Does the path to company performance run through your local bakery?
We’ve had some disruption at work lately, and since I was scheduled to come into the office I wanted to hear what my coworkers had to say.
When change happens, it’s important to get people talking and their thoughts and feelings out in the open, but how do you do that? From what I’ve seen over the years, people can clam up when they’re stressed. There’s one pretty reliable way to get them talking, though.
I live about 90 miles away from the “real” office. My normal commute consists of stumbling down the stairs to my basement each morning. On this morning, I drove in early and made it to the Dunkin’ Donuts drive through to grab an assorted dozen.
That’s right. Donuts.
Well not just donuts. But food. Breaking bread with people tends to get them to open up.
It’s true. Think about what happens at your family Thanksgiving dinner. The same thing happens in the workplace. And I don’t mean go buy some donuts tomorrow morning and leave them in the break room. Engage with people. Gather your team up, or go cube by cube and offer them a donut.
A study last year by researchers at Cornell agrees: more team meals can equal better performance:
Over the course of 15 months, Kniffin and his colleagues conducted interviews and surveys in a large city’s fire department, which included more than 50 firehouses. The researchers asked the department’s 395 supervisors to rate on a scale of zero to 10 the performance of their platoon compared to other fire companies in which they’ve served. The supervisors were also asked how often the platoon eats together in a typical four-day work week. The platoons who ate together most often also got higher marks for their team performance. Conversely, the platoons that did not eat together got lower performance ratings.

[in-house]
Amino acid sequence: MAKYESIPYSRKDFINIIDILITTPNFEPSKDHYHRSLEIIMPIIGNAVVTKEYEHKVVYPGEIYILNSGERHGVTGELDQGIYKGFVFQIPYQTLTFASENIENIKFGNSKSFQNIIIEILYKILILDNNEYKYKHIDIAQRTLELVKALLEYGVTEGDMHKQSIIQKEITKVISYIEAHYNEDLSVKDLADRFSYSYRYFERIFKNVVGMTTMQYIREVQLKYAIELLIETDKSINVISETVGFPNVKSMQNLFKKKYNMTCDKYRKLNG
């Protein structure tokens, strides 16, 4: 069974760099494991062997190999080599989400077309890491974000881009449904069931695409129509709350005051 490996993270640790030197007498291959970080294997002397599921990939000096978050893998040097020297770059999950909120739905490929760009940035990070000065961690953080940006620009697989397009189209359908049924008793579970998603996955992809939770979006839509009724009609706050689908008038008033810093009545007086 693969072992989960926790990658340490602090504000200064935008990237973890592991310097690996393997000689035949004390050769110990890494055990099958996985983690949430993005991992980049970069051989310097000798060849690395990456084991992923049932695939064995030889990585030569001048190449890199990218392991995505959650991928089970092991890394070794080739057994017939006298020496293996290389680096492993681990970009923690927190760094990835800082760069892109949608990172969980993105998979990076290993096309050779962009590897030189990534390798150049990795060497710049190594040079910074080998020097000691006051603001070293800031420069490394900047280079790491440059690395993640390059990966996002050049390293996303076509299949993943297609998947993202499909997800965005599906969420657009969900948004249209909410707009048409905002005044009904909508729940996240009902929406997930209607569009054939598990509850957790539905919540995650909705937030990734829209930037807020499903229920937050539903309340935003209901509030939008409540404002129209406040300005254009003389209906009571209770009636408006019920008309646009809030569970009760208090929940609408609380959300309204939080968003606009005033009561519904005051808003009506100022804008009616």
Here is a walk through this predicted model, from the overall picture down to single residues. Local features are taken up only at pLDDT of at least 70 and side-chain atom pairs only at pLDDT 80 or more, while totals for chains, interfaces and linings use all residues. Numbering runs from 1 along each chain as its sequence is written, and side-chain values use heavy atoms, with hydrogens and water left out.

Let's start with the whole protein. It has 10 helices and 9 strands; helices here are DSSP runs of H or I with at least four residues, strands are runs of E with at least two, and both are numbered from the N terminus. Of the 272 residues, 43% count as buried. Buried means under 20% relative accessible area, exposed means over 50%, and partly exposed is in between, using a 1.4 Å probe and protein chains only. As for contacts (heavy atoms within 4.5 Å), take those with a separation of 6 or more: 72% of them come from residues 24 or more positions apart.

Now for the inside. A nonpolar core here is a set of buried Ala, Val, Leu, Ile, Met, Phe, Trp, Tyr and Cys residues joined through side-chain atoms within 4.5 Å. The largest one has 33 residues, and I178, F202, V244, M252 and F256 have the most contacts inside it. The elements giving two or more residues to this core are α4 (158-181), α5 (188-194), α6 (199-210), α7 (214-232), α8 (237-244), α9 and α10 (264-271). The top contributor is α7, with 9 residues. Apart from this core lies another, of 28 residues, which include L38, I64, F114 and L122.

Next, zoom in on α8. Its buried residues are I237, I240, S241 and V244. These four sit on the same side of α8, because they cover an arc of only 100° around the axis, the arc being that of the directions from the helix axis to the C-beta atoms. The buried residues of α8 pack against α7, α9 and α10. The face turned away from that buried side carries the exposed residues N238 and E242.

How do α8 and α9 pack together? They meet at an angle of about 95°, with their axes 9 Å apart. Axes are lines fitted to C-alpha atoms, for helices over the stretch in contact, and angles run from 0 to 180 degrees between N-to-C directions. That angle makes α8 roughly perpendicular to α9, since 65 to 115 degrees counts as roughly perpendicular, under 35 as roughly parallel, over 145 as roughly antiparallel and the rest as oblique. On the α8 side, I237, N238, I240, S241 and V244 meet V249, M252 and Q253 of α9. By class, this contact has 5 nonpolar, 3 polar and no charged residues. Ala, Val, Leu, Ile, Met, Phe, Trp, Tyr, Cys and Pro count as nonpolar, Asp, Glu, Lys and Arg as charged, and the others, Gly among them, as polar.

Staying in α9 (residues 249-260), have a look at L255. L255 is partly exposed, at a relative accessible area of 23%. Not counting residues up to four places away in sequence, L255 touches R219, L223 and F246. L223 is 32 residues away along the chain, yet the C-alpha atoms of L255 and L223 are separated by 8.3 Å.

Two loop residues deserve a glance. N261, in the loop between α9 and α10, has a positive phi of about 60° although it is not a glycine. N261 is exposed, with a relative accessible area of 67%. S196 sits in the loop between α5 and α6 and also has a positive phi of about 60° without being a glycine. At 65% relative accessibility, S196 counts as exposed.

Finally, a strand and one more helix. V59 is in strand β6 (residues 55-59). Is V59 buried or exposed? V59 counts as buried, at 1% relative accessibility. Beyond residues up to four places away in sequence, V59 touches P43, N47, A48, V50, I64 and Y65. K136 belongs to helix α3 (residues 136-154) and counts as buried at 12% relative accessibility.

When I worked in politics full time, we made a standard practice of team dinners or lunches each week with campaign staff. It helped keep morale up in a high stress, long hours work environment. One of my political mentors made sure to schedule dinner meetings and made sure snacks were always available. It helped.
So now that I’m in the corporate world, I kept up the idea – and guess what? It works there, too. I’ve even built a reputation as the “guy who brings goodies to the office”. Thank goodness I don’t come in every day, we’d be broke.
Try it in your workplace and see what happens. You might just get people talking, and working, better.
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